There is a need to think strategically when considering how to meet the need for more facilities so as to fund new facilities in ways that do not necessarily require fee increases. Encouraging waterside developers to include boaters’ facilities in their projects is one way of doing this. Existing facilities should also be looked at to see how they could be improved to be more efficient. It may be that the introduction of new facilities to a site such as recycling or pump-out points would provide a more-rounded service that is in demand; or that the introduction of measures to reduce vandalism and decrease breakdown response times would increase the reliability and decrease the downtime of existing facilities so that demand is better met.
Navigation authorities should consider providing composting toilet collection facilities, as well as installing more charging points for electrically propelled boats.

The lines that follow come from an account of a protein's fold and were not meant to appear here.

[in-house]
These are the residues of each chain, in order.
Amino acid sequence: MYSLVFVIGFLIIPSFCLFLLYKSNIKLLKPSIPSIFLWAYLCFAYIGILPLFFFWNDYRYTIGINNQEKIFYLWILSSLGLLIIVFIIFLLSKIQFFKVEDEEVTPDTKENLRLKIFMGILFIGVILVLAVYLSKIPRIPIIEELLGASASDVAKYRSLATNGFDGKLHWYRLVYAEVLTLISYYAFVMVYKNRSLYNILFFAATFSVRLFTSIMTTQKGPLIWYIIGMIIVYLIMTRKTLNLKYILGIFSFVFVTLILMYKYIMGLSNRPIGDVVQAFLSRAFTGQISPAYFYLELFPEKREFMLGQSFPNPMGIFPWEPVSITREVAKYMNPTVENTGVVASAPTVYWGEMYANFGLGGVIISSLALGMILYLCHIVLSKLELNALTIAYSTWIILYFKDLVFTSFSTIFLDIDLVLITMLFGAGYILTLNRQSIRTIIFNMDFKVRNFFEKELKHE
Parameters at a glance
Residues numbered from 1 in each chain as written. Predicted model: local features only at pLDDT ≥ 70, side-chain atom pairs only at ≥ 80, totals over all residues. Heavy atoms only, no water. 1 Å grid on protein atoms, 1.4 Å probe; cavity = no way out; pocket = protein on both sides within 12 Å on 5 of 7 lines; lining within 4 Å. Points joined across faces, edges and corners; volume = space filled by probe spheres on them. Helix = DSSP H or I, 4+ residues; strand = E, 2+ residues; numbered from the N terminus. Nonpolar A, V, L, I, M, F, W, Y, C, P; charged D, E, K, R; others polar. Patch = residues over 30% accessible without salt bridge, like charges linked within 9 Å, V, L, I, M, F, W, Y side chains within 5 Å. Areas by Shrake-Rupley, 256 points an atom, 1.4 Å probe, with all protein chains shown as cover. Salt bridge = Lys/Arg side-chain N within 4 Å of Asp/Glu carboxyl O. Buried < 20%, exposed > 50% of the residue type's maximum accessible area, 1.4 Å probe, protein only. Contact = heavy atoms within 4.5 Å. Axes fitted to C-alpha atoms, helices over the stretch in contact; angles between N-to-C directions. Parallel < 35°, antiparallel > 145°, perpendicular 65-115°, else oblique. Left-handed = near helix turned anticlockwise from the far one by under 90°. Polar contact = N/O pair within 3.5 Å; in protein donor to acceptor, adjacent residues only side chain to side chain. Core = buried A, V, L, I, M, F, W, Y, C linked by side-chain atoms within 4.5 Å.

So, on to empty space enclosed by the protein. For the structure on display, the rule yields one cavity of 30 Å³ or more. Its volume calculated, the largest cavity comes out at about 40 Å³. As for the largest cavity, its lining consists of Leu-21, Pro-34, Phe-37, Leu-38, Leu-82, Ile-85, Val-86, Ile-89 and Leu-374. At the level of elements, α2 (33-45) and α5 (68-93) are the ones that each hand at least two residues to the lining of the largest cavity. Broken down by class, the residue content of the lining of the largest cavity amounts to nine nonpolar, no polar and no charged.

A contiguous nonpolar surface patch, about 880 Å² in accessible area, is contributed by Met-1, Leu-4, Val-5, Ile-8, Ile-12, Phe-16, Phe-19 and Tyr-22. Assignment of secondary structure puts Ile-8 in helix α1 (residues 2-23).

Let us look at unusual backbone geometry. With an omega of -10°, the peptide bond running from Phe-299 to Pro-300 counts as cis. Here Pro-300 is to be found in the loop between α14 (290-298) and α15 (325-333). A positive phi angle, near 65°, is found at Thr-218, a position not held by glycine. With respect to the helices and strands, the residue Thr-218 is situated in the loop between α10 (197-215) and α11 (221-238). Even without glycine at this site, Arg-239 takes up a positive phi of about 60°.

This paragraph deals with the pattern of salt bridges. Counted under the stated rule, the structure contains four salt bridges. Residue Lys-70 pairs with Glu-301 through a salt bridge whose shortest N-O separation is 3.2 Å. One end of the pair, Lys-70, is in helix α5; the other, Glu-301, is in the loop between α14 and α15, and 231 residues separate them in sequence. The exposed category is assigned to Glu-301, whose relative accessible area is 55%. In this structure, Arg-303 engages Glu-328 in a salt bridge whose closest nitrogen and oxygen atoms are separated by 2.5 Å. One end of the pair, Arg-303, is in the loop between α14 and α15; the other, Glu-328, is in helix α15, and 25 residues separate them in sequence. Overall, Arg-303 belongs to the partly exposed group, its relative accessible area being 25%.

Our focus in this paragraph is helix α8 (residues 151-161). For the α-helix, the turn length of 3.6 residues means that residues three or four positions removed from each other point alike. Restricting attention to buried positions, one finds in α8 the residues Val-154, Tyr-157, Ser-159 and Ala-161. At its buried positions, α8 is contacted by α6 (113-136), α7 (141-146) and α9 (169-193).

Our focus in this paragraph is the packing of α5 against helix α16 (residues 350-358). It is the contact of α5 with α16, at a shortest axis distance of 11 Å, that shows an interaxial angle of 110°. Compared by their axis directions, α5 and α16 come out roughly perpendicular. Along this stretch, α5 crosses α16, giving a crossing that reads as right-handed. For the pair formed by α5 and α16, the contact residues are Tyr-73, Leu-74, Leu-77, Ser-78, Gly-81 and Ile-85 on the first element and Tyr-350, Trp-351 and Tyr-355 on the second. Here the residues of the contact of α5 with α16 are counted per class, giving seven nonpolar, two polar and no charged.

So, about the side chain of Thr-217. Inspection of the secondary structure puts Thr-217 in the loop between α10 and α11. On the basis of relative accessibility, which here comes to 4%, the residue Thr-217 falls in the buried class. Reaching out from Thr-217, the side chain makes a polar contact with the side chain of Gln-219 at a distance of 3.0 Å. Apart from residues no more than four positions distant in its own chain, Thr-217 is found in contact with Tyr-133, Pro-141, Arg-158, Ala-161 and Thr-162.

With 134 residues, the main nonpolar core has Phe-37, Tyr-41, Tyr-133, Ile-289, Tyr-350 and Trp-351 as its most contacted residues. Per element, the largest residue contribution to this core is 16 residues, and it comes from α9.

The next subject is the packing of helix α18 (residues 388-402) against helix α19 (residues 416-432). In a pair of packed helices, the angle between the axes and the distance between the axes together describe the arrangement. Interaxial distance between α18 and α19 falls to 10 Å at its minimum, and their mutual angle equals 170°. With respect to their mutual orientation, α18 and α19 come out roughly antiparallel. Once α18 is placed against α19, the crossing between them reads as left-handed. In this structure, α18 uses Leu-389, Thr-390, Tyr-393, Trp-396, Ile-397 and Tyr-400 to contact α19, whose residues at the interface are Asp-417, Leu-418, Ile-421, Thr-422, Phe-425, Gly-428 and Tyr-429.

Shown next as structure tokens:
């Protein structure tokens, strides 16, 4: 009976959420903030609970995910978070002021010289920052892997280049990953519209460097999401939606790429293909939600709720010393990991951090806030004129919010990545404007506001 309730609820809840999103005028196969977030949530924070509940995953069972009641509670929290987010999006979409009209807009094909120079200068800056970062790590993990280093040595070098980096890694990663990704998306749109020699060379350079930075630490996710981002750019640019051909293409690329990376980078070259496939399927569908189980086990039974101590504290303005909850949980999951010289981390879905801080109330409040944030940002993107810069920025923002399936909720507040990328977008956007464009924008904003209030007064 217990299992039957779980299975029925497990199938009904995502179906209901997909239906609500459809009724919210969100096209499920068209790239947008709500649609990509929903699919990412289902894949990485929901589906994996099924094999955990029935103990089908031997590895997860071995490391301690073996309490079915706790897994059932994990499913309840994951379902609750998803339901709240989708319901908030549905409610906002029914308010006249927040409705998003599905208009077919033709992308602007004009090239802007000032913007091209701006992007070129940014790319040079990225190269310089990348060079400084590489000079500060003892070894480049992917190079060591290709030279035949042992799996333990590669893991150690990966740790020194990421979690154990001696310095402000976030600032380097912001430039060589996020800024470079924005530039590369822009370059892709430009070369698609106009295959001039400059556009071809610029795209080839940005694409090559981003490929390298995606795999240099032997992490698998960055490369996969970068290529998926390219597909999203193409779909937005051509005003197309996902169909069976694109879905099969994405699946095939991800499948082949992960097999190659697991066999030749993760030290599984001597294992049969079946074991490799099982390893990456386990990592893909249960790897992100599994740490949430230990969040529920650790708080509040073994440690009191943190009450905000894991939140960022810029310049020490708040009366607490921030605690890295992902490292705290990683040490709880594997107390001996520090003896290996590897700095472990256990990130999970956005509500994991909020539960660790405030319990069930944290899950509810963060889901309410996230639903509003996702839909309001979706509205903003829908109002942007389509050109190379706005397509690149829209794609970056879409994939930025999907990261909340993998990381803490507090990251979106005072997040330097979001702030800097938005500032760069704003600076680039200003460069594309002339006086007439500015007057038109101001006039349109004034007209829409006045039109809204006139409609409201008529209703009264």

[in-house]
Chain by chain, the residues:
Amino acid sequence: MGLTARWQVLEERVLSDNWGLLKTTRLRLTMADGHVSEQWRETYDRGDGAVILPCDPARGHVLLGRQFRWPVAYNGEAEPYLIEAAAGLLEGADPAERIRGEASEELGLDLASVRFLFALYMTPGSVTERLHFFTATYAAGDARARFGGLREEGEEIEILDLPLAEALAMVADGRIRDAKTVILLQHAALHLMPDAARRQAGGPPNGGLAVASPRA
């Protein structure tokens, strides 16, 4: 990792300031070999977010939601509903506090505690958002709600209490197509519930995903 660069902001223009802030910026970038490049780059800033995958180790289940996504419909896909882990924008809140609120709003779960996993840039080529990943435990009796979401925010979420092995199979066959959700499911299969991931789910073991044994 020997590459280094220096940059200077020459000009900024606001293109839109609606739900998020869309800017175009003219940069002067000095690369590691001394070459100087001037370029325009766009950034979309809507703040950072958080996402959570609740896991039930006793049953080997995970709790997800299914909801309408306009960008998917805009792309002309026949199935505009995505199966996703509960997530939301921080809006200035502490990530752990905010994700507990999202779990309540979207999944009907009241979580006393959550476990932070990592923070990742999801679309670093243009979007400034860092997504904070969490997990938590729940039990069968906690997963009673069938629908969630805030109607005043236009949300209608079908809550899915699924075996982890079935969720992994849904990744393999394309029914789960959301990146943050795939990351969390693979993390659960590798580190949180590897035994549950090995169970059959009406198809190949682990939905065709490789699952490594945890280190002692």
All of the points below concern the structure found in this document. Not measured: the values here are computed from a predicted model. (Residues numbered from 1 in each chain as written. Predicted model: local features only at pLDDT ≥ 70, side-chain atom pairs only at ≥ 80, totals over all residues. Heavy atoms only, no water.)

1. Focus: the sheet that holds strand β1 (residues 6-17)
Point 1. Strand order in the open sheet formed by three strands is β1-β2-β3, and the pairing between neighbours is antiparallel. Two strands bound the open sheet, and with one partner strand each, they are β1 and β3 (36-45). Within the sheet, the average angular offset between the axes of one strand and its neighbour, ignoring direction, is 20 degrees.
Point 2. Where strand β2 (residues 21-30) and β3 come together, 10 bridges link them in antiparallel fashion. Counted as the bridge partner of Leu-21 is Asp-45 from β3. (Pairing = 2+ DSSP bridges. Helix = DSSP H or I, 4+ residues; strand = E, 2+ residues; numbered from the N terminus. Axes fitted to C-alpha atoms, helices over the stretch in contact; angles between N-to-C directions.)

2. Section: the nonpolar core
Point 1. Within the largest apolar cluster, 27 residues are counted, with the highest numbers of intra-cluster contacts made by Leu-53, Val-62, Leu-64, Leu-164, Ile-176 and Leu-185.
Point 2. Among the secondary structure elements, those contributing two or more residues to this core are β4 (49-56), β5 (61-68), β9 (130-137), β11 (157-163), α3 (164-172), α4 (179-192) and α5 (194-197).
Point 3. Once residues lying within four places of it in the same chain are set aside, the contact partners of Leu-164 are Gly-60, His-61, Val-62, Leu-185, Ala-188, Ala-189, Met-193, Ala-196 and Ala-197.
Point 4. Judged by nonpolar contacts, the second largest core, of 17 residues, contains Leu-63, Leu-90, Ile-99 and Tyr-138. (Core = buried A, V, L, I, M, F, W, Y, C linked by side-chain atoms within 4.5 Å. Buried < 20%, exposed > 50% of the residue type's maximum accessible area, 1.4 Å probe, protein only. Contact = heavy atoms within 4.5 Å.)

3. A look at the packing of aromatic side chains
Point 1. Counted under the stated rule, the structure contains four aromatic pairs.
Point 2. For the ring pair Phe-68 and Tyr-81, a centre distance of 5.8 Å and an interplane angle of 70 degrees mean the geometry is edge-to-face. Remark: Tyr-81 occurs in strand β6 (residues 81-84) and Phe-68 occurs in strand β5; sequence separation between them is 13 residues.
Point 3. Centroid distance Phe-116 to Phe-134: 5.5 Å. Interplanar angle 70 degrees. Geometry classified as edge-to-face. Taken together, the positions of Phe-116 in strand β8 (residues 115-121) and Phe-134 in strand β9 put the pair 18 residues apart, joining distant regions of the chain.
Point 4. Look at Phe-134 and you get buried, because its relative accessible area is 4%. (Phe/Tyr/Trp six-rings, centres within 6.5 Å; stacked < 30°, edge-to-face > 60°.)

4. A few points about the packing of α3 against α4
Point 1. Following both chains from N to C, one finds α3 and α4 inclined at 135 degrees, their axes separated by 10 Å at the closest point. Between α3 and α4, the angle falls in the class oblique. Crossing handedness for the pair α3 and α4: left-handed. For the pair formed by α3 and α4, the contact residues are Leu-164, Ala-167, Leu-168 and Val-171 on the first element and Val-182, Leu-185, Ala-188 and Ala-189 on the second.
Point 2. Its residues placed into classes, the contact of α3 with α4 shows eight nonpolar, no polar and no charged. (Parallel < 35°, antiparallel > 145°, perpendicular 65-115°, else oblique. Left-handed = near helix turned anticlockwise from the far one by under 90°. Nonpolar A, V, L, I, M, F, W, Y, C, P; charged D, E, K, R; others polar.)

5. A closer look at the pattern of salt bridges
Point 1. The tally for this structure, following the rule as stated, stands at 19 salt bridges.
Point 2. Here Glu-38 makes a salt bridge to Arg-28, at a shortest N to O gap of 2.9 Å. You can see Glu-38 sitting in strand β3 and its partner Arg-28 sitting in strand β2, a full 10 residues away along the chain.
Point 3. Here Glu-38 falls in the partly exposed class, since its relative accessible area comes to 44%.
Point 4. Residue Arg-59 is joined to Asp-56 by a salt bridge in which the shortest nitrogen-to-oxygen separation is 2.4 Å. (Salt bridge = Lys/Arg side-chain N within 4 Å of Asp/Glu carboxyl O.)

For further information on IWA’s views on the provision of boaters’ facilities, including minimum standards, please refer to IWA Policy on the Provision of Boaters’ Facilities.
Further information on other topics briefly touched here can be found in the following briefing notes and policy documents:
Standards for Construction, Restoration and maintenance of Inland Waterways
Mooring Policy on Navigable Waterways
Canal & River Trust
Environment Agency: 24-hour incident hotline 0800 80 70 60
Port of London Authority
IWA Briefing Note - Provision of Boater's Facilities (107KB, A4, 4 pages)